Further your education?
- 1Sep 19, '12 by CSISNI am a student nurse and will be graduating in December 2012 with an ADN (associate in nursing). I have been told since day one I need to "go on" and get my bachelor degree and there is going to be a day when they will only accept RNs with a BSN. I want to get other nurses opinions on this. When is the "best" time to get my bachelor degree? Is it better to go right for it after graduating or to work for a year or two before going to get my bachelor degree?
- 1Sep 19, '12 by sbostonRNIt depends on where you live. I live in the Boston area and it was very difficult (but not impossible) to land a job with an ADN. I did manage to secure a position (twice) but my options are limited - I can't work in any of the major hospitals in the city because there is too much competition in this market.
However if you live in a small town or have a hospital affiliated with your school of nursing, you may be able to wait a few years and qualify for tuition reimbursement.
- 0Sep 21, '12 by CSISNsbostonRN- Thanks for your comment. Sorry to hear you had a hard time getting a job with an ADN. I try not to put too much thought into it but I do worry about not being able to find a job after all my hard work. I never thought about tuition reimbursement. I will keep that into mind when weighing my options.
RNmom2010- It is so nice to hear that you made the choice to work for 2 1/2 years and now you are going for your BSN. I am a mom too and I am feeling like my family and I need a break from school. Still trying to weigh all my options. Thanks for the comment.
- 2Sep 21, '12 by TiffyRN, BSN, RNCSISN:
The tuition reimbursement is a very significant point. I have a different reason I think it might be a good idea to wait. First off, I was perfectly content with my ADN education for 19 years. I also never had trouble getting a job, but consider that I was only a new grad RN once so . . . I decided to go back to school mostly because my husband was doing it and I knew I would probably never get it done without a lot of support and I wasn't getting any younger.
Since I've been back I've really enjoyed my classes (oh, it was rough at the start). I finally "get" so much of what we never had time to fully understand in my ADN program. Now, waiting nearly 20 years is overdoing it a bit, but I think some real nursing experience gives me a framework to hang all my new knowledge on. Being a few years more mature hasn't hurt either (I was barely 21 as a new RN).
But do yourself a favor and don't get complacent. I restarted school about 3 times right after I graduated, and withdrew from almost all the classes. I had a good job, good income, and just not enough motivation to get it done. It would have been a lot easier 15-20 years ago. My brain definitely works much slower now.
Best of luck!
- 0Sep 21, '12 by Lennonninja, BSN, RNI planned to take the first year after getting my ASN to just learn how to be a nurse without having to do homework at the same time. I got my ASN in May of 2011 and started my online BSN in August of 2012 and will finish in December 2013. It's a lot of work right now, mainly because in August I also changed from Med Surg to ICU, but it's worth it! Manage your time well, and you'll be fine with school. Just don't wait too long to start!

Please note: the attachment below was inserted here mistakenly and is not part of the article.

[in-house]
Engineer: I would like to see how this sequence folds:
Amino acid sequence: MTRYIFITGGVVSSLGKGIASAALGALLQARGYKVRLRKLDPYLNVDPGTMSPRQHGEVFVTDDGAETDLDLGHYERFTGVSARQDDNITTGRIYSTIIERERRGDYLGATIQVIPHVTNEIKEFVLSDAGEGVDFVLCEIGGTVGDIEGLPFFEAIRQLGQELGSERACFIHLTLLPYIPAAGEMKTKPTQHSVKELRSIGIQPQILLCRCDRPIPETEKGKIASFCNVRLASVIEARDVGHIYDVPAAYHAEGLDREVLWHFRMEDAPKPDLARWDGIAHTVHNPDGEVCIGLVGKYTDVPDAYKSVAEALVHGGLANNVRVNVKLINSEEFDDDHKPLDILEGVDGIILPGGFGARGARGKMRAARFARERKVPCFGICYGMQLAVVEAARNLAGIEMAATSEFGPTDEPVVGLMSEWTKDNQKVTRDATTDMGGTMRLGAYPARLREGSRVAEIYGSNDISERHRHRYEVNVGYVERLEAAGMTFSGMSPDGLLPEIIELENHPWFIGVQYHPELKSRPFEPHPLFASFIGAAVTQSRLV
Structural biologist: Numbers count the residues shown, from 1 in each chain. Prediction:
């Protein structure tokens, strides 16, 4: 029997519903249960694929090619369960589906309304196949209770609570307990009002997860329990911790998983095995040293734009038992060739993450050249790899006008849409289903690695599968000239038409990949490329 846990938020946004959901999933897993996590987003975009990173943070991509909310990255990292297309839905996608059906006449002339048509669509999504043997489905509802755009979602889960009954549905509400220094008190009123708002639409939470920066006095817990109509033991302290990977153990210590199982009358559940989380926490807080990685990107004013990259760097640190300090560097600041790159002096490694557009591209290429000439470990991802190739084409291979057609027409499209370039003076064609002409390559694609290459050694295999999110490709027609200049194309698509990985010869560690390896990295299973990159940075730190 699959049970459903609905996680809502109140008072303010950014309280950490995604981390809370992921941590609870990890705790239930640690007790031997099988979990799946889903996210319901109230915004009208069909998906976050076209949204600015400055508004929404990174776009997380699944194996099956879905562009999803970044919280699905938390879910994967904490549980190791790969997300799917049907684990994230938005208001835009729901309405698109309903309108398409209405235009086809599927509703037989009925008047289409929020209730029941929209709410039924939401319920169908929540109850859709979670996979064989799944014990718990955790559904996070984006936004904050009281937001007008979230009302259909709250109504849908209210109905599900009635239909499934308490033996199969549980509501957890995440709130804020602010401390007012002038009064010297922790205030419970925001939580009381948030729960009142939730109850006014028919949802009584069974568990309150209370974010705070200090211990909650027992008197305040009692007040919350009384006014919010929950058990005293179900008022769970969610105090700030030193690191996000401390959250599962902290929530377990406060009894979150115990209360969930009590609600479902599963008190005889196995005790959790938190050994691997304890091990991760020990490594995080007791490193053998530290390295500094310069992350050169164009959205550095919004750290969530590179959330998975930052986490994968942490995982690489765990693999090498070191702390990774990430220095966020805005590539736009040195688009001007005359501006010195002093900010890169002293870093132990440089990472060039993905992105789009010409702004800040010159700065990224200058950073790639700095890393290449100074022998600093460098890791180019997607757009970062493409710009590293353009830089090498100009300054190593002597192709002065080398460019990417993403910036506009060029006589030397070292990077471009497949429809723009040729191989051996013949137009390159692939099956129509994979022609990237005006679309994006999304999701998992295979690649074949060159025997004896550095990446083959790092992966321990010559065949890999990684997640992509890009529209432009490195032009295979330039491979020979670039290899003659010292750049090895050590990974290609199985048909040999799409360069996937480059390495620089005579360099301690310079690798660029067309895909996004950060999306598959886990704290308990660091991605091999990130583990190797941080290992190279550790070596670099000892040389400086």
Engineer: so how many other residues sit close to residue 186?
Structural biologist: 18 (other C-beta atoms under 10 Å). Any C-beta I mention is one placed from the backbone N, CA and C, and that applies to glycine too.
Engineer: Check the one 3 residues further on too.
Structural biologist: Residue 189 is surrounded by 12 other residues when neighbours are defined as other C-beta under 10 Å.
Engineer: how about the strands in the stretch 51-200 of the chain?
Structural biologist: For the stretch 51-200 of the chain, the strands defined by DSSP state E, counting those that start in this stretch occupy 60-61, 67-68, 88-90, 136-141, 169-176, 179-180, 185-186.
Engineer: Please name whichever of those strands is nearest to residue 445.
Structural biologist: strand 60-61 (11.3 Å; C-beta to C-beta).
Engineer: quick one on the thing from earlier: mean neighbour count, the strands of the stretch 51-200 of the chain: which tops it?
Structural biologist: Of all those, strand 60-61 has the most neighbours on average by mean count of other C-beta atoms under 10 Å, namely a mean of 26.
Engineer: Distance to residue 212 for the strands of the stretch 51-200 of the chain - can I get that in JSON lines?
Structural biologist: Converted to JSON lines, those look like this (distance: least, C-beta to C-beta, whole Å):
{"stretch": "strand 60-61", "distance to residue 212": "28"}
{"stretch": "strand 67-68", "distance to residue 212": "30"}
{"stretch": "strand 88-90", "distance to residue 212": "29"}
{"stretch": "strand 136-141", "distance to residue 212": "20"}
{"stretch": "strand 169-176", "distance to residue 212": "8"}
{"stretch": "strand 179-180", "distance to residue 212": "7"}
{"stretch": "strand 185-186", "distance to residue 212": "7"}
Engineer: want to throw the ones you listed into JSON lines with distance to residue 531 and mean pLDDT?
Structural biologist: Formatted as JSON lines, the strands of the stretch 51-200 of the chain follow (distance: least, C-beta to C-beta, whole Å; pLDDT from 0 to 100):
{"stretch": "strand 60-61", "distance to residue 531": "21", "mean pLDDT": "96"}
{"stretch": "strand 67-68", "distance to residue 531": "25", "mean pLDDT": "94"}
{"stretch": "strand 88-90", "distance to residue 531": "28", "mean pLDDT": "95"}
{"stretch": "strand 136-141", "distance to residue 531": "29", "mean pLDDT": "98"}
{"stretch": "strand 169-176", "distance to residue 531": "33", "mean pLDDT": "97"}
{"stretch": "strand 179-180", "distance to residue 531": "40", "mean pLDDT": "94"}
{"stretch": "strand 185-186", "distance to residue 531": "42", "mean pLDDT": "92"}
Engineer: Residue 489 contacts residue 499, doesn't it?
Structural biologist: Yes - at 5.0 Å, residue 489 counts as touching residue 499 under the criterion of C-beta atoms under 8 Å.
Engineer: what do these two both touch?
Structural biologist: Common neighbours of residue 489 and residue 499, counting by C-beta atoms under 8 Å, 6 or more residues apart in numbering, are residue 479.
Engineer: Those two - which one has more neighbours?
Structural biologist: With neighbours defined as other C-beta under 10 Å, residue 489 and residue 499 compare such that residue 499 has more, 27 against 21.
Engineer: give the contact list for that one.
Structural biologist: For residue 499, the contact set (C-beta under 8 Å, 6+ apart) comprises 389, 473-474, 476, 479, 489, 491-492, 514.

- 2Sep 21, '12 by soxgirl2008Like someone else said it depends where you live. If you live in an area where the market is saturated such as NYC or Boston you might want to start looking into bridge programs right away. I've heard in those areas it's very hard for an ADN to get a job, but if they see you are already working on your BSN your chances of landing a job are better.
Where I live it's still fairly easy for ADNs to find a job in a hospital, and some of the hospitals here will still reimburse you for your BSN. Many ADN grads I know got a job, and waited 6 months - a year before going back. It gave them enough of a break from school, but at the same time they didn't feel "rusty" when they got back into the school atmosphere.
- 1Sep 21, '12 by Nurse ConnieI agree, if you are in an area where new grads are having a hard time getting jobs, I would go right away as it's a selling point. I live in NYC and it's brutal here but I know one of the reasons I got hired was because I was already enrolled in a bridge program.
- 0Sep 21, '12 by IdianaCNA1993To take in to thought about experience too. in my area you can have an LPN/ADN to work in a jail, nursing home, home health and a doctors office. but you need a BSN and one years perfered experience as an RN to work in a Hospital (small town or down in the big city because they are all owned by the same company). but I live in north eastern Indiana. I myself think it would be smart to get your ADN go get a job in a nursing home or in a home health servince and gain experience as an RN (whether you work 3 months to 10 years before going for your BSN) while going to school for your BSN then you will have 1-3 years experience before getting a job at a hospital if thats where you want to be or you want to have options. I hear that ADNs get more clinical experience plus with working in a nursing home or HH service you would be golden after you got your BSN (atleast I would think any way) but then again this is some what my plan so I think its right when in fact it could be wrong but I need more risk and thrill in my life lol but you do what you think is right. I myself want to be an all over type of nurse not afraid to do anything even if I dont like it do it for the patients/residents. and that is why I want to go with my plan so I have options